Aggressive Nurse Bullying: Signs that you might be in danger

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nurse bullying, horizontal violence, incivility, vertical violence, aggressive,
Susan didn’t like Karen and everyone knew it. When they would have catfights at the nurses’ station or get into a shouting match in the locker room, everyone just ignored them. “That’s just the way they are.”
But then one day, Susan took it too far.  
On a Saturday evening, in the middle of the hallway, Susan pointed her finger at Karen and said, “My boyfriend knows what shuttle you take. He’ll be waiting for you and is going to beat the shit out of you!”
Was she serious or just kidding around?
73% of all nurses report being the victim of or at least witnessing bullying behavior in the workplace. Most behaviors involve open criticism, being treated in a humiliating and degrading way, ignored, given unfair assignments or spreading rumors. However, some bullying behavior can lead to physical violence.
A nurse refuses to get out of another nurses “chair” so the nurse throws a cup of water in her face.
A nurse doesn’t like the assignment she received from the charge nurse so she pulls her hair and yells at her.
1.    It starts with verbal assaults.
According to law enforcement officers, most physical attacks start with verbal assaults. Rarely does anyone get physical with their targets before they verbally assault them. So, pay attention to nurses who verbally criticize.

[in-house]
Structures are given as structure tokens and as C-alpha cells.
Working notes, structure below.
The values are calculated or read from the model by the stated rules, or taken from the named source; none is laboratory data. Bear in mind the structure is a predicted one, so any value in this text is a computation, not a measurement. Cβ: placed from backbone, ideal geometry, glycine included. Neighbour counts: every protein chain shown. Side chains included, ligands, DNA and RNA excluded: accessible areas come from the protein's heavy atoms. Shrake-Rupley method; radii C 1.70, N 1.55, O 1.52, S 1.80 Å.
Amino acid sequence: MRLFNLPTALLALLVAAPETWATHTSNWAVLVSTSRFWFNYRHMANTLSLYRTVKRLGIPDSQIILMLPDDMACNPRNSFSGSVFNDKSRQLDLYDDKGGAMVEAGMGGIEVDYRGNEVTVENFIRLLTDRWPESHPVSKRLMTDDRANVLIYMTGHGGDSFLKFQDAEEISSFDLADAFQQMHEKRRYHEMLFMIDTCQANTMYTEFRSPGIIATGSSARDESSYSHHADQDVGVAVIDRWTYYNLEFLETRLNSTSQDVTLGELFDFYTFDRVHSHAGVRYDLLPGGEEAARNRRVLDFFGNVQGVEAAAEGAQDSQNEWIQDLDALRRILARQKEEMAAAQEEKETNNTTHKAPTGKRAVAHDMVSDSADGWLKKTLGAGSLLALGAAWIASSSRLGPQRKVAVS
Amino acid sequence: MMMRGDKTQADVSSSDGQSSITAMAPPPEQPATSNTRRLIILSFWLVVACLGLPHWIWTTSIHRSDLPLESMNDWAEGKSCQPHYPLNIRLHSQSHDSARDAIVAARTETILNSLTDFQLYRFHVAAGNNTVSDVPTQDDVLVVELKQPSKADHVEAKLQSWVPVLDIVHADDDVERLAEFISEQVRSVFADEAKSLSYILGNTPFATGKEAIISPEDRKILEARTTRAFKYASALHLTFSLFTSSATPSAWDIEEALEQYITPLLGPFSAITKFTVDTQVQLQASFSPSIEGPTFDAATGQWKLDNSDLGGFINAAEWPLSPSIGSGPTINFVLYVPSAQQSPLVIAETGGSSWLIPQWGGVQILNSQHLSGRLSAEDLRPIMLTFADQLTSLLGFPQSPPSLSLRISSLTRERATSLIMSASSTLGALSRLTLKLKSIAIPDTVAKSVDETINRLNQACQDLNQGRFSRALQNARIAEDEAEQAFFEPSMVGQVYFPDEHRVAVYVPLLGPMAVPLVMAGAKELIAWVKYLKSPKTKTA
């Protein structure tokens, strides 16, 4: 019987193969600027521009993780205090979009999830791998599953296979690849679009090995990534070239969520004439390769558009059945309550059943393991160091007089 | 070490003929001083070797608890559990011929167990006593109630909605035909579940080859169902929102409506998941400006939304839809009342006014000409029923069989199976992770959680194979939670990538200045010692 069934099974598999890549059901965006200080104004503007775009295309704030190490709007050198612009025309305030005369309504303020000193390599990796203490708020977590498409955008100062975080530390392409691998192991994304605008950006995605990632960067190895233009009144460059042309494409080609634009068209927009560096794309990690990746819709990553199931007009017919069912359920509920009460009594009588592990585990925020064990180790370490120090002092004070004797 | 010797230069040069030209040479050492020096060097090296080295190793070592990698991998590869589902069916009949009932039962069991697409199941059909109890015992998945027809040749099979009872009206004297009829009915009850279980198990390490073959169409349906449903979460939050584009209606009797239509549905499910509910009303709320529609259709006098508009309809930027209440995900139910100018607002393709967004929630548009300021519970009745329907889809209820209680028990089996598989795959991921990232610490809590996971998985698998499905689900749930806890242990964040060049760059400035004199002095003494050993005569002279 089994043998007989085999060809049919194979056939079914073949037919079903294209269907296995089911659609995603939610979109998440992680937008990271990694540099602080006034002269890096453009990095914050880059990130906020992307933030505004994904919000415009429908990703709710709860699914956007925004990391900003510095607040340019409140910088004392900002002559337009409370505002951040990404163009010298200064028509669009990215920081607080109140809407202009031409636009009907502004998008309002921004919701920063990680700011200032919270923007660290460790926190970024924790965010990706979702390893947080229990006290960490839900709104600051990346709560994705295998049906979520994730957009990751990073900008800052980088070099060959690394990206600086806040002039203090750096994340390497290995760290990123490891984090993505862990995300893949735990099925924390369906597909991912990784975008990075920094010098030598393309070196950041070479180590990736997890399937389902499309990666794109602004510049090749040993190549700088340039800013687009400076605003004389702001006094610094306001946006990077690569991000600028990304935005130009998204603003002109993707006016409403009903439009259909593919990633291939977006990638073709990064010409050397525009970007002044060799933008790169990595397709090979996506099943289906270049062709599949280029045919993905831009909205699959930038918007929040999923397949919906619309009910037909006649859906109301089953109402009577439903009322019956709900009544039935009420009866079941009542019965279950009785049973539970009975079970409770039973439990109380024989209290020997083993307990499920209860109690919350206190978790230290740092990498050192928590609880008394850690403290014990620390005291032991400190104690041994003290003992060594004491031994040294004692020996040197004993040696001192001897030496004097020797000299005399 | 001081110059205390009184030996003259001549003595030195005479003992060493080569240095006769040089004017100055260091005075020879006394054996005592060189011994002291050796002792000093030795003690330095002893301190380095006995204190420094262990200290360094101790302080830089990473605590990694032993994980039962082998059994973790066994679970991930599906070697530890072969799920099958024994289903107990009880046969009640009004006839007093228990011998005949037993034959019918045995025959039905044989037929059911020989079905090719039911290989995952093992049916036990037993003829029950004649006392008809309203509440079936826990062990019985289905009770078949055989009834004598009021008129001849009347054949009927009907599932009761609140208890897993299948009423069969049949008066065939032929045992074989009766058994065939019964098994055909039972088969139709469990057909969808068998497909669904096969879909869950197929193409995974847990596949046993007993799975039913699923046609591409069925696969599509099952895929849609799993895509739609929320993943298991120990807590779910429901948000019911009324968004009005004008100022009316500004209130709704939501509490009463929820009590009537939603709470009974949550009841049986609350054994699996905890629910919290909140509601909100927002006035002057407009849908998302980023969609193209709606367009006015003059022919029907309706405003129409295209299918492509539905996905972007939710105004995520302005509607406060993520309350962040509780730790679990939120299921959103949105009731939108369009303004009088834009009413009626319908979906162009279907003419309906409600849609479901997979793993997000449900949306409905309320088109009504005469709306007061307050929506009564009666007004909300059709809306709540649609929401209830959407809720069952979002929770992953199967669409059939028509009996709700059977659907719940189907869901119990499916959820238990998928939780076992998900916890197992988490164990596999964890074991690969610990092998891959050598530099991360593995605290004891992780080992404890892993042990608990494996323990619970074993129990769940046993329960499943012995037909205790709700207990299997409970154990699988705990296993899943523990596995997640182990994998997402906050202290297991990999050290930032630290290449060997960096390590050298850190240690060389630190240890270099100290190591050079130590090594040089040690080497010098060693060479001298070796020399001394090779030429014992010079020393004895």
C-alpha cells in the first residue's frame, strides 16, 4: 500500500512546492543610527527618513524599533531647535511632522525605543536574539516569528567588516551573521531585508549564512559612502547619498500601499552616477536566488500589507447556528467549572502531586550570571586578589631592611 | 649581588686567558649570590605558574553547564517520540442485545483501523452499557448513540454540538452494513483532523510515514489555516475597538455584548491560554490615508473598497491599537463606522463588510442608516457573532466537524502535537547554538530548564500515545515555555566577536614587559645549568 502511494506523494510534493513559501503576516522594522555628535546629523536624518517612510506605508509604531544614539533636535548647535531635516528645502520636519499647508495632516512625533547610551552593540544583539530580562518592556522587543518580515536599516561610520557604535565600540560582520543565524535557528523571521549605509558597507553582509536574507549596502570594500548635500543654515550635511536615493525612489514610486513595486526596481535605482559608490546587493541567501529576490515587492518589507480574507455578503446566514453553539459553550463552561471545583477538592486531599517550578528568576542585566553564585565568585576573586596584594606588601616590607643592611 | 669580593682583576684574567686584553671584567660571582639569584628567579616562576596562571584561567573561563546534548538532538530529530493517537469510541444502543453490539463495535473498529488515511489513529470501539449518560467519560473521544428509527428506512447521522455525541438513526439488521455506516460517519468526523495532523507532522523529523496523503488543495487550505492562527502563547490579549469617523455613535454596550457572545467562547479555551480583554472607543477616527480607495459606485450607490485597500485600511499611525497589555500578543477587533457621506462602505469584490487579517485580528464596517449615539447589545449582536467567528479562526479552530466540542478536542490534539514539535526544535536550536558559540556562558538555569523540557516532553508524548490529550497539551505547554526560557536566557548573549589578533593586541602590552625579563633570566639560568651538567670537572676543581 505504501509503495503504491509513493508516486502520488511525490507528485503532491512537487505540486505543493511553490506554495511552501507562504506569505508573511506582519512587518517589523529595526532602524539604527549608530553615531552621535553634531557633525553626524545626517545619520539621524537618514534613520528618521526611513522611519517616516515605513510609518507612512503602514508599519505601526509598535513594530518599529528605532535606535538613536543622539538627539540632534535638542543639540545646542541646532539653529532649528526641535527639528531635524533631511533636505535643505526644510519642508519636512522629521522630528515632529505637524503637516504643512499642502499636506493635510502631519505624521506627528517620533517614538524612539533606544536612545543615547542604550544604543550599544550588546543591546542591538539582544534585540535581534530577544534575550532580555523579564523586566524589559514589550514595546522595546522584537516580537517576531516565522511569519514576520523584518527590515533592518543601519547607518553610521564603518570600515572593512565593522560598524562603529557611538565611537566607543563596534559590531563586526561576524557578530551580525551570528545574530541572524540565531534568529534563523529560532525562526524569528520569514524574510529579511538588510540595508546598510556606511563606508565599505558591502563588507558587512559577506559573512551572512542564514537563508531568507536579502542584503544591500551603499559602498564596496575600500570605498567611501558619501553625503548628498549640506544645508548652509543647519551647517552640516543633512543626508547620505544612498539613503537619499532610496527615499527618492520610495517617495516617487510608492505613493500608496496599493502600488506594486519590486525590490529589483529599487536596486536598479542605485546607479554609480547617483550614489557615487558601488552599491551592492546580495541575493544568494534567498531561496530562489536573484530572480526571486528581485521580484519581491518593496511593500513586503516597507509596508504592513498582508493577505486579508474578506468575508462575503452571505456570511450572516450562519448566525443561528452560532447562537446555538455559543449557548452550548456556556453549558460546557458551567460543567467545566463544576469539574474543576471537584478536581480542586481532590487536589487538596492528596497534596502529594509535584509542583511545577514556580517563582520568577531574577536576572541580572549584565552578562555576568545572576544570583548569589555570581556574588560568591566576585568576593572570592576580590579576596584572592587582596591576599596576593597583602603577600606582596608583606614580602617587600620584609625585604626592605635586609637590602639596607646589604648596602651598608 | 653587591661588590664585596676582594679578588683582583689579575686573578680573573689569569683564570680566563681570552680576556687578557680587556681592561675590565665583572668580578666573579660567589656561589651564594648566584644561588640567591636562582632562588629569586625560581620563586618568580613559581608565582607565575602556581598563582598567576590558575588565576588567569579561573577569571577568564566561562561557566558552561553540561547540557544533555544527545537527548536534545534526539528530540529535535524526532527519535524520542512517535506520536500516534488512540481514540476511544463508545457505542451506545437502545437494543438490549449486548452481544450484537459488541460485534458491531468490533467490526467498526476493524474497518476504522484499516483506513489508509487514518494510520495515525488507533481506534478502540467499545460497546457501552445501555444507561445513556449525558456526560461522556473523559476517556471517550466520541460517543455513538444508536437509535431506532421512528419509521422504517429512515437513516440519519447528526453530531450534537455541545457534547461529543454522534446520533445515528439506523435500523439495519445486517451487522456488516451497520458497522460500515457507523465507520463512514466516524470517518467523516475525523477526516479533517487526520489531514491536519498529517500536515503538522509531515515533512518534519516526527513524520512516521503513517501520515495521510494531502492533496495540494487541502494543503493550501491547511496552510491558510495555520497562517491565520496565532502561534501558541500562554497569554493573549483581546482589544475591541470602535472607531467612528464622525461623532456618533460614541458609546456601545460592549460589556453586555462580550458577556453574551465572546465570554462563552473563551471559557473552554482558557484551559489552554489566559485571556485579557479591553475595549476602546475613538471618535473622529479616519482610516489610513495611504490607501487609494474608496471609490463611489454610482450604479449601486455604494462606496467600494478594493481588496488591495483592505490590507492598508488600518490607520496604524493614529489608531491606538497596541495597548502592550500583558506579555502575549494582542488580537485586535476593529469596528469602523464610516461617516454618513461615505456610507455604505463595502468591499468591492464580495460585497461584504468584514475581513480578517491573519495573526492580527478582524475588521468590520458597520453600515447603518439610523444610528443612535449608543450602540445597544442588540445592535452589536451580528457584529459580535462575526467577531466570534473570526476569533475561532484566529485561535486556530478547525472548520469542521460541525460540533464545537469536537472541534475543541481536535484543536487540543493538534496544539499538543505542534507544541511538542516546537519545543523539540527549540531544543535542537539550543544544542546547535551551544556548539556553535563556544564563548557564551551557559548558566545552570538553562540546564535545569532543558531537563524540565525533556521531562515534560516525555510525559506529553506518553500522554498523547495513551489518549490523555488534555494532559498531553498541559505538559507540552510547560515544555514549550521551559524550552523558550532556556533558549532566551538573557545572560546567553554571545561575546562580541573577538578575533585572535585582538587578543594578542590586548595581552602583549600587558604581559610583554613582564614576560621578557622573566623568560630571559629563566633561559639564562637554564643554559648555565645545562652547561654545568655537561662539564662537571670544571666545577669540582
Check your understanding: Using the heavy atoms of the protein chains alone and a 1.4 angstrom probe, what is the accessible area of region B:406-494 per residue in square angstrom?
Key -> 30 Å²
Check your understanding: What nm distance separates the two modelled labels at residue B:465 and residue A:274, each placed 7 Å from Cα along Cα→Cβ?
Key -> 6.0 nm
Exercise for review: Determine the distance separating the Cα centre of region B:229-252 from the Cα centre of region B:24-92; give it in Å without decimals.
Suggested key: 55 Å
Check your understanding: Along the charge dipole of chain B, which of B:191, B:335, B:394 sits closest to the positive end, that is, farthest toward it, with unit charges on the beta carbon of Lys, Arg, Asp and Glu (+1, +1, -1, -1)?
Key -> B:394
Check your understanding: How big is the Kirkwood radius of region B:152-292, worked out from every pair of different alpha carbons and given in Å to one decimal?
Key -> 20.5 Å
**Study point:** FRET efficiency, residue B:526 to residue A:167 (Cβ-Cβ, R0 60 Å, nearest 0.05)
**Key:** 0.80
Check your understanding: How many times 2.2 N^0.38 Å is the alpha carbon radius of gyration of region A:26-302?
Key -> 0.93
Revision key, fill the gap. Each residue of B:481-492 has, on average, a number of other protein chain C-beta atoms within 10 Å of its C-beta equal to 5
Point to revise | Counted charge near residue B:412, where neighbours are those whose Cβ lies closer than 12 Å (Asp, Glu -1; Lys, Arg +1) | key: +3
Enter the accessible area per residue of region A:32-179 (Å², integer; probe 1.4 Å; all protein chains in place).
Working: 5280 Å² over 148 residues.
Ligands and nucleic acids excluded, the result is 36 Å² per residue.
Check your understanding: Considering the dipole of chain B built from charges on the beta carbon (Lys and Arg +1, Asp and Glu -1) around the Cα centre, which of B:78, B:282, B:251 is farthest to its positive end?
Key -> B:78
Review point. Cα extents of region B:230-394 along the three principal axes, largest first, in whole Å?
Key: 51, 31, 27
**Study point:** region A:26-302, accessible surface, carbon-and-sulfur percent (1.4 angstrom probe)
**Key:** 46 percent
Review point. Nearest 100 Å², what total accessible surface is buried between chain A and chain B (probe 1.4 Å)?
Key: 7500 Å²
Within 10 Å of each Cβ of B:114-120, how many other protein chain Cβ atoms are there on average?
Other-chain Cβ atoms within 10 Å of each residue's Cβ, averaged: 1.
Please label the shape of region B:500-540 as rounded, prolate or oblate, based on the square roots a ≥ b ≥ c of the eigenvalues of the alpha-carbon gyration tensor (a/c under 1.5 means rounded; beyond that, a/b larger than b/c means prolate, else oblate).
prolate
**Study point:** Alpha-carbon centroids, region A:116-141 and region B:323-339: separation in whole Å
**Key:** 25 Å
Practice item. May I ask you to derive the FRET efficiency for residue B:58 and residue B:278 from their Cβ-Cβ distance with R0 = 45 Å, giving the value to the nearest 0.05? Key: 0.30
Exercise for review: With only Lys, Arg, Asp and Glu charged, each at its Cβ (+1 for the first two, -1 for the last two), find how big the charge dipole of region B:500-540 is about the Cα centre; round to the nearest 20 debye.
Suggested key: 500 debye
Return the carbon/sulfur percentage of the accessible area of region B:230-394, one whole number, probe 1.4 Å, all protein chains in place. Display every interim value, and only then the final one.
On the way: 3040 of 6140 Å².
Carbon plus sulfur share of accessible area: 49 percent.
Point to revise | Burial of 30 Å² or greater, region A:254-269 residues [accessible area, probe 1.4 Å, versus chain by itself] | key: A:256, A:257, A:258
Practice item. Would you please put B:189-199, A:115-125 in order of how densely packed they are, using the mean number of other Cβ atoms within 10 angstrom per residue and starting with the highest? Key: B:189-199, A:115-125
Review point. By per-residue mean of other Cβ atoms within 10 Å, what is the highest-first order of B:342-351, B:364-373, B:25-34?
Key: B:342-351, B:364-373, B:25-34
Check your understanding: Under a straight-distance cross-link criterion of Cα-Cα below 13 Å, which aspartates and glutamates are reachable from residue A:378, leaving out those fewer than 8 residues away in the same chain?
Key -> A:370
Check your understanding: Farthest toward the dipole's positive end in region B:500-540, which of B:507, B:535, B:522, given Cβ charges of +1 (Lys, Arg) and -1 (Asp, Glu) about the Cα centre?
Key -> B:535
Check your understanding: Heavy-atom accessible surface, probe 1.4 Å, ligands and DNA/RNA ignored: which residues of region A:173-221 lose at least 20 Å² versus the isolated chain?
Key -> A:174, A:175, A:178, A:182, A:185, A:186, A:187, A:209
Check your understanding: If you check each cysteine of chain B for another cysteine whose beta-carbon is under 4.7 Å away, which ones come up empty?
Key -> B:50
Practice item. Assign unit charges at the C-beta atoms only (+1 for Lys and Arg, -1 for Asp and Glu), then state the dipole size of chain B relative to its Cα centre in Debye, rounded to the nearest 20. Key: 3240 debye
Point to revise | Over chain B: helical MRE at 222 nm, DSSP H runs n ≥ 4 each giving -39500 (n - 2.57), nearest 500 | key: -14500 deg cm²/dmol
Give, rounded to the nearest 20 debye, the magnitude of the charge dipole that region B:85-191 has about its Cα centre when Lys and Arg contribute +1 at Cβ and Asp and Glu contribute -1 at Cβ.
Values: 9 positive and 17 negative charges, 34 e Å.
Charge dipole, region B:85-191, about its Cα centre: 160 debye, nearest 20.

In Susan and Karen’s case, their arguments began as mild nit picking, but then gradually escalated to louder and louder verbal attacks.
2.    Many aggressive bullies warn their victim with a threat
No one thinks it will happen to him or her, but when someone actually threatens you, take it seriously. Many times, victims of physical assault admit that their aggressive warned them before they engaged in violence.
Karen took Susan’s threat seriously. Security escorted Karen to her car, and sure enough, Susan’s boyfriend was found close by with a baseball bat in his hand!
3.    Aggressive bullies may show signs of mental health problems
Bullies who resort to physical violence are not mentally healthy. You may see evidence of dysfunction manifested in other ways: labile emotions (laughing hysterically one minute and crying the next); unpredictable and inconsistent behaviors; or illogical thinking.
Susan was suffering from a bipolar disorder and wasn’t compliant with her treatment.
Please note: Not all individuals with mental health disorders resort to bullying. However, it’s important that you heighten your awareness regarding mental health disease.
Please, please take all potential indications for violence seriously by reporting any threat or verbal attack to the appropriate person/department. Document every situation with a co-worker that you believe may lead to physical harm. Speak up and tell others if you’re concerned. And, don’t forget to listen to your gut!
I’d love to read your comments about the topic of aggressive bullying.  Has it happened to you?
Thanks for reading. Take care, stay connected and be safe!

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